Neo-Hookean finite element analysis example
In the following section, we apply the neo-Hookean material in the finite element analysis software WELSIM to simulate the deformation of a soft tube under tension. We constrain one end of the tube and apply force on another side, and compute the deformation and stress.
(1) Set the unit system to Metric (kg-mm) and create a structural static analysis project.
(2) Set material properties.
Create a new material. Double-click this material object to enter editing mode. Toggle the neo-Hookean property from the hyperelastic section in the toolbox. In the properties view, assign the values: Mu = 1.5 MPa, D1 = 10 MPa^-1. When the parameters are defined, the stress-strain curve of the corresponding model can be seen in the graph window. Press F2 on the material object and change the object name to neoHookeanMat.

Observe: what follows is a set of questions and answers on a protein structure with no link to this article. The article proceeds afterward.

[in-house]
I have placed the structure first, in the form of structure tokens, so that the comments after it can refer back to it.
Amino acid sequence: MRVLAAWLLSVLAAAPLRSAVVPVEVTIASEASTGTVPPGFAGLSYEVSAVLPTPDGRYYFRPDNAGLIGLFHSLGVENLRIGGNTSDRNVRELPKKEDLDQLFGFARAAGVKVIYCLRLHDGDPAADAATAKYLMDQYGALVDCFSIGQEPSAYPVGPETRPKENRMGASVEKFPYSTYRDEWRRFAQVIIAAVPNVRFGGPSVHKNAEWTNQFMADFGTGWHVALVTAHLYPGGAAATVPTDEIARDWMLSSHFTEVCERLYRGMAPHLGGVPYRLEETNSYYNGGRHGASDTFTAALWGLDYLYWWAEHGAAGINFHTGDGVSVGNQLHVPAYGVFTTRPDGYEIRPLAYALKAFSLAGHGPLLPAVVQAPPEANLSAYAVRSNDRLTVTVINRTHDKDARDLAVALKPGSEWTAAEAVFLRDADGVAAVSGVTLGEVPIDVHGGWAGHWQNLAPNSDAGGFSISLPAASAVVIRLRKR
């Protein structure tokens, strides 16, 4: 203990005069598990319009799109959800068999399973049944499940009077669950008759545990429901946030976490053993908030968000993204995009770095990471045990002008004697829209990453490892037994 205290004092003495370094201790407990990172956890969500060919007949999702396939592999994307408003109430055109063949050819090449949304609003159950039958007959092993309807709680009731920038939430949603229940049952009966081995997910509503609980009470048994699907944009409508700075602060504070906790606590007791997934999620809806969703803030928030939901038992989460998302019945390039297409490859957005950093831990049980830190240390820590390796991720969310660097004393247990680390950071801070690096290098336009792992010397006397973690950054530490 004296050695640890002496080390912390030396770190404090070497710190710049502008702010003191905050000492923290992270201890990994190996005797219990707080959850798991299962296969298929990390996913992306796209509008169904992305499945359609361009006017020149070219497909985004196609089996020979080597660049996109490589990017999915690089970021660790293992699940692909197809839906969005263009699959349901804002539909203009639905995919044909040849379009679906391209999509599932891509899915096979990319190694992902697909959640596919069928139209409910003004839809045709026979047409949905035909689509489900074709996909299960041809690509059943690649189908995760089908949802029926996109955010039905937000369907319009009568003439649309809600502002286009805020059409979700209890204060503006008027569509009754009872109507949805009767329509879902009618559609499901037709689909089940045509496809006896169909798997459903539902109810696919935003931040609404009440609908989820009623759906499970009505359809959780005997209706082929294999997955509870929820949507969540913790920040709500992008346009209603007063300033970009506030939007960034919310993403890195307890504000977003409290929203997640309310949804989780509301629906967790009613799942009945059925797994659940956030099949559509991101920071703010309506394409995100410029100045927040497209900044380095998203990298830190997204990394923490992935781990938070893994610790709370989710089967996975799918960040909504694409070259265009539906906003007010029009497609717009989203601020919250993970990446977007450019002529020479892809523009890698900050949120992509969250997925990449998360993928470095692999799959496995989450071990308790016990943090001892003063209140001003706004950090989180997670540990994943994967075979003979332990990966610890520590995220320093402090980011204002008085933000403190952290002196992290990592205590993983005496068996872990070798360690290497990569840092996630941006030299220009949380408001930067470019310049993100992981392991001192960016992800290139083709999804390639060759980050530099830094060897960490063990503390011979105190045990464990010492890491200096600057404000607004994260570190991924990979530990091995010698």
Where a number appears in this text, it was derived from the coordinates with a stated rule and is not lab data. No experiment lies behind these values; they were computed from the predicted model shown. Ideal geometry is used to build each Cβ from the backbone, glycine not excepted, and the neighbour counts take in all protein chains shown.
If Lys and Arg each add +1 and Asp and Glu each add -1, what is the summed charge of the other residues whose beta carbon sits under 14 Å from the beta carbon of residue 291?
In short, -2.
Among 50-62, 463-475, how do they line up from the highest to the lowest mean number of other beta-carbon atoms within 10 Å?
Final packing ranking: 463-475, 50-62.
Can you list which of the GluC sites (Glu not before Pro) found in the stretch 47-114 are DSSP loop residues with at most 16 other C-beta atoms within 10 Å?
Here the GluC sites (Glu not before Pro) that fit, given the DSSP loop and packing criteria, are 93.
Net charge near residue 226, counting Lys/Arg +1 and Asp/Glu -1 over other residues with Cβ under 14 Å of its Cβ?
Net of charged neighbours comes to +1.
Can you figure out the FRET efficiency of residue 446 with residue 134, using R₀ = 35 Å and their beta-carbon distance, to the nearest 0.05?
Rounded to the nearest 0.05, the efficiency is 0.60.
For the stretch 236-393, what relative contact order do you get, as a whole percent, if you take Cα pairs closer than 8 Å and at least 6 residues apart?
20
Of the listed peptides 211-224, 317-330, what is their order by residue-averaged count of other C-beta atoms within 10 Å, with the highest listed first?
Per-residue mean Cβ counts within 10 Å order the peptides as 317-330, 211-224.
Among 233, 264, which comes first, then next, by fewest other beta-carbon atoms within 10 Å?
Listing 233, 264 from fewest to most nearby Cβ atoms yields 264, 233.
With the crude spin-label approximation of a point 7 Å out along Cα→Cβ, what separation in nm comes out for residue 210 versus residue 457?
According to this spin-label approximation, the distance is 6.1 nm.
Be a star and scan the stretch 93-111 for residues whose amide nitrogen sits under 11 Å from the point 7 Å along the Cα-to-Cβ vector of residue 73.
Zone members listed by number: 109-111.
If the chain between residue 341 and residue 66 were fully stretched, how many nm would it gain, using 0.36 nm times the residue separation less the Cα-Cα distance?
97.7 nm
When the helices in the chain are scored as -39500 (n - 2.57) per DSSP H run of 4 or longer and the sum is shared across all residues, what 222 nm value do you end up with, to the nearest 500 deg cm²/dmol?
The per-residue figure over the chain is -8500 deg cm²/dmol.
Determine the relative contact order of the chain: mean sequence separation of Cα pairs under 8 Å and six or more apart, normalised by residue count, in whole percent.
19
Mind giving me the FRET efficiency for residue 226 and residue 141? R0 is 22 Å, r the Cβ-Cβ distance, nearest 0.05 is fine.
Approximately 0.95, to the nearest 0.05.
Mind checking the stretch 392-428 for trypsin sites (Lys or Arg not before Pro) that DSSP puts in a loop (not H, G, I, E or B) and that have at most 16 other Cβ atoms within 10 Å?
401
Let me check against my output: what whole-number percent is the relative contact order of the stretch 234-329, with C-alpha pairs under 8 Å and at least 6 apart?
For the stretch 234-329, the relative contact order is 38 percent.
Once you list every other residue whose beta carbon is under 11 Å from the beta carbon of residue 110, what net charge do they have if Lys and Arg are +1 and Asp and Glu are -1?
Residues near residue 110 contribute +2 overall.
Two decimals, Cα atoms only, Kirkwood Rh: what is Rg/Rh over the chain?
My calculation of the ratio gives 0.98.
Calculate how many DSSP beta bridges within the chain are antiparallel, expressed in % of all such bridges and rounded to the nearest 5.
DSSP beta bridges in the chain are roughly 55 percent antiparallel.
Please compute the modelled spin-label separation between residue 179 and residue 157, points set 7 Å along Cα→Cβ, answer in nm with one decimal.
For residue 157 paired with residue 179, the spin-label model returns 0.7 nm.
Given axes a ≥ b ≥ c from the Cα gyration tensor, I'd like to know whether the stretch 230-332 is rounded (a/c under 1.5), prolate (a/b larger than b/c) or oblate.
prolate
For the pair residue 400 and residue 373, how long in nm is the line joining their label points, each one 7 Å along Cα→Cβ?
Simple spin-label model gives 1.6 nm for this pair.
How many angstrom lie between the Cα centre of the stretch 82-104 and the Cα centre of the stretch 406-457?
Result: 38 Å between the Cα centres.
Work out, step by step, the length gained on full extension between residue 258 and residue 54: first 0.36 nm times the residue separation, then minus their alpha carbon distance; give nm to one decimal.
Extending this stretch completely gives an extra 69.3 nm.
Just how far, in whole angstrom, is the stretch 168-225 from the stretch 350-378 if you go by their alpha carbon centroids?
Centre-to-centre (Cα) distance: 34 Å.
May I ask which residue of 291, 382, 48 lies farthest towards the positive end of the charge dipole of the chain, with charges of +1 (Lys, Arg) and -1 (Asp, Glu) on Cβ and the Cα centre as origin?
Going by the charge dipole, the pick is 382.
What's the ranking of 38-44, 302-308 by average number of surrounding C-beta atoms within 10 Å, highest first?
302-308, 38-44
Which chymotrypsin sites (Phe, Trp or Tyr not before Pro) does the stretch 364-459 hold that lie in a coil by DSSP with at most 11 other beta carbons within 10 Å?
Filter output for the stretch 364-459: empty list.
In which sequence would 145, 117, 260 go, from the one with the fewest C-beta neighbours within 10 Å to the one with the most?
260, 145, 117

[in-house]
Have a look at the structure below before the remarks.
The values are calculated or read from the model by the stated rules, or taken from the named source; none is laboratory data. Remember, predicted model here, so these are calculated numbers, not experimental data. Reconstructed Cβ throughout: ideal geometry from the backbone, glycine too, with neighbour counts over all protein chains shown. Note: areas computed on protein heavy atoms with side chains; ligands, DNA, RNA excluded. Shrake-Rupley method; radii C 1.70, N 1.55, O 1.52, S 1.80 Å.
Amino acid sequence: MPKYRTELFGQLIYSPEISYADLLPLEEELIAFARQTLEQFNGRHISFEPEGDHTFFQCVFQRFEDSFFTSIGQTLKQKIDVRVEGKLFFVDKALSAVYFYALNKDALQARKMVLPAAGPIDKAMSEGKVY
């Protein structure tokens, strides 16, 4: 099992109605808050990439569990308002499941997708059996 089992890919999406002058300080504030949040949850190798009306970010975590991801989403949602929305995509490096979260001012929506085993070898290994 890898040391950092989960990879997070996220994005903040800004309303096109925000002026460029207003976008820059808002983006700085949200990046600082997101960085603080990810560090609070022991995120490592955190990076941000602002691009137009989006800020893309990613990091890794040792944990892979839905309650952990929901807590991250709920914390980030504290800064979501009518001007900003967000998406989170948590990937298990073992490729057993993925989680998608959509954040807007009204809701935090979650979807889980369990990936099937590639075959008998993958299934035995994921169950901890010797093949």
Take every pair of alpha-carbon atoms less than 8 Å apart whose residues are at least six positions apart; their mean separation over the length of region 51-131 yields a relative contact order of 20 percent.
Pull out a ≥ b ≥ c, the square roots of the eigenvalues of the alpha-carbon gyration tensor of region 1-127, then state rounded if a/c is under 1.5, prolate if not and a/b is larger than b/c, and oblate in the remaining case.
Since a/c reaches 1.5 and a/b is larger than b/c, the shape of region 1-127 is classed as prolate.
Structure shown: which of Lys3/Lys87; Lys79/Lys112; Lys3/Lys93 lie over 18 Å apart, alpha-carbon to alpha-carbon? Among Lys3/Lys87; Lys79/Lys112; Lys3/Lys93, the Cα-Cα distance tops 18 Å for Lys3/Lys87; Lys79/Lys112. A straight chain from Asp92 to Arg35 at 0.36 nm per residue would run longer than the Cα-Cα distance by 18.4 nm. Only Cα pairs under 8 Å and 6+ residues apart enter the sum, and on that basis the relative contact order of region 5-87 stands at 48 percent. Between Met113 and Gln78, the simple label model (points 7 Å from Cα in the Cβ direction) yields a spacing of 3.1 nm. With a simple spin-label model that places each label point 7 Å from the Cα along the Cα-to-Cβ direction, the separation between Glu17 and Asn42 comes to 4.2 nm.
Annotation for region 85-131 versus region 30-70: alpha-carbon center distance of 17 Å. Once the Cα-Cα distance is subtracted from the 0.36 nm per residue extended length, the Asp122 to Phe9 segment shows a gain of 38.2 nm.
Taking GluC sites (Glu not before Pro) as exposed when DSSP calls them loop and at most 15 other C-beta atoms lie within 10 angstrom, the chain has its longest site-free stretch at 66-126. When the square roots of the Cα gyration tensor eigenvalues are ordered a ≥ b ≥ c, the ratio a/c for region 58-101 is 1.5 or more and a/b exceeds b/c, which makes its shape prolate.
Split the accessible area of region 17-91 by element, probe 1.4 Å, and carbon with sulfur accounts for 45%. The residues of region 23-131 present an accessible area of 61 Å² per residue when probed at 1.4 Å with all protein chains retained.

(3) Create a geometry The tube can be created by the boolean operation between two cylinders, with an inner diameter of 3mm, an outer diameter of 4.4mm, and a length of 15mm.
(4) Generate mesh: Set the maximum element size to 0.3 mm and use higher-order elements. After meshing, we obtain 28,898 nodes and 14,570 Tet10 elements.
(5) Boundary conditions Impose a fixed constraint on one end of the tube. A horizontal force in the Z direction is applied to another end of the tube with the magnitude 1N.
(6) Set model, solve and evaluate results. For better convergence, we set three substeps. Click the solve button, the solution will be calculated quickly. The deformation on Z direction and von-Mises stress are shown in the figures below.
The maximum Von-Mises stress occurs at the fixed area of the tube, and the magnitude is 0.63 MPa.
Before the advent of finite element software, the calculation and prediction of material nonlinearities were complicated and time-consuming. Now with finite element software, the analysis of nonlinear materials has become faster, more accurate and more fun.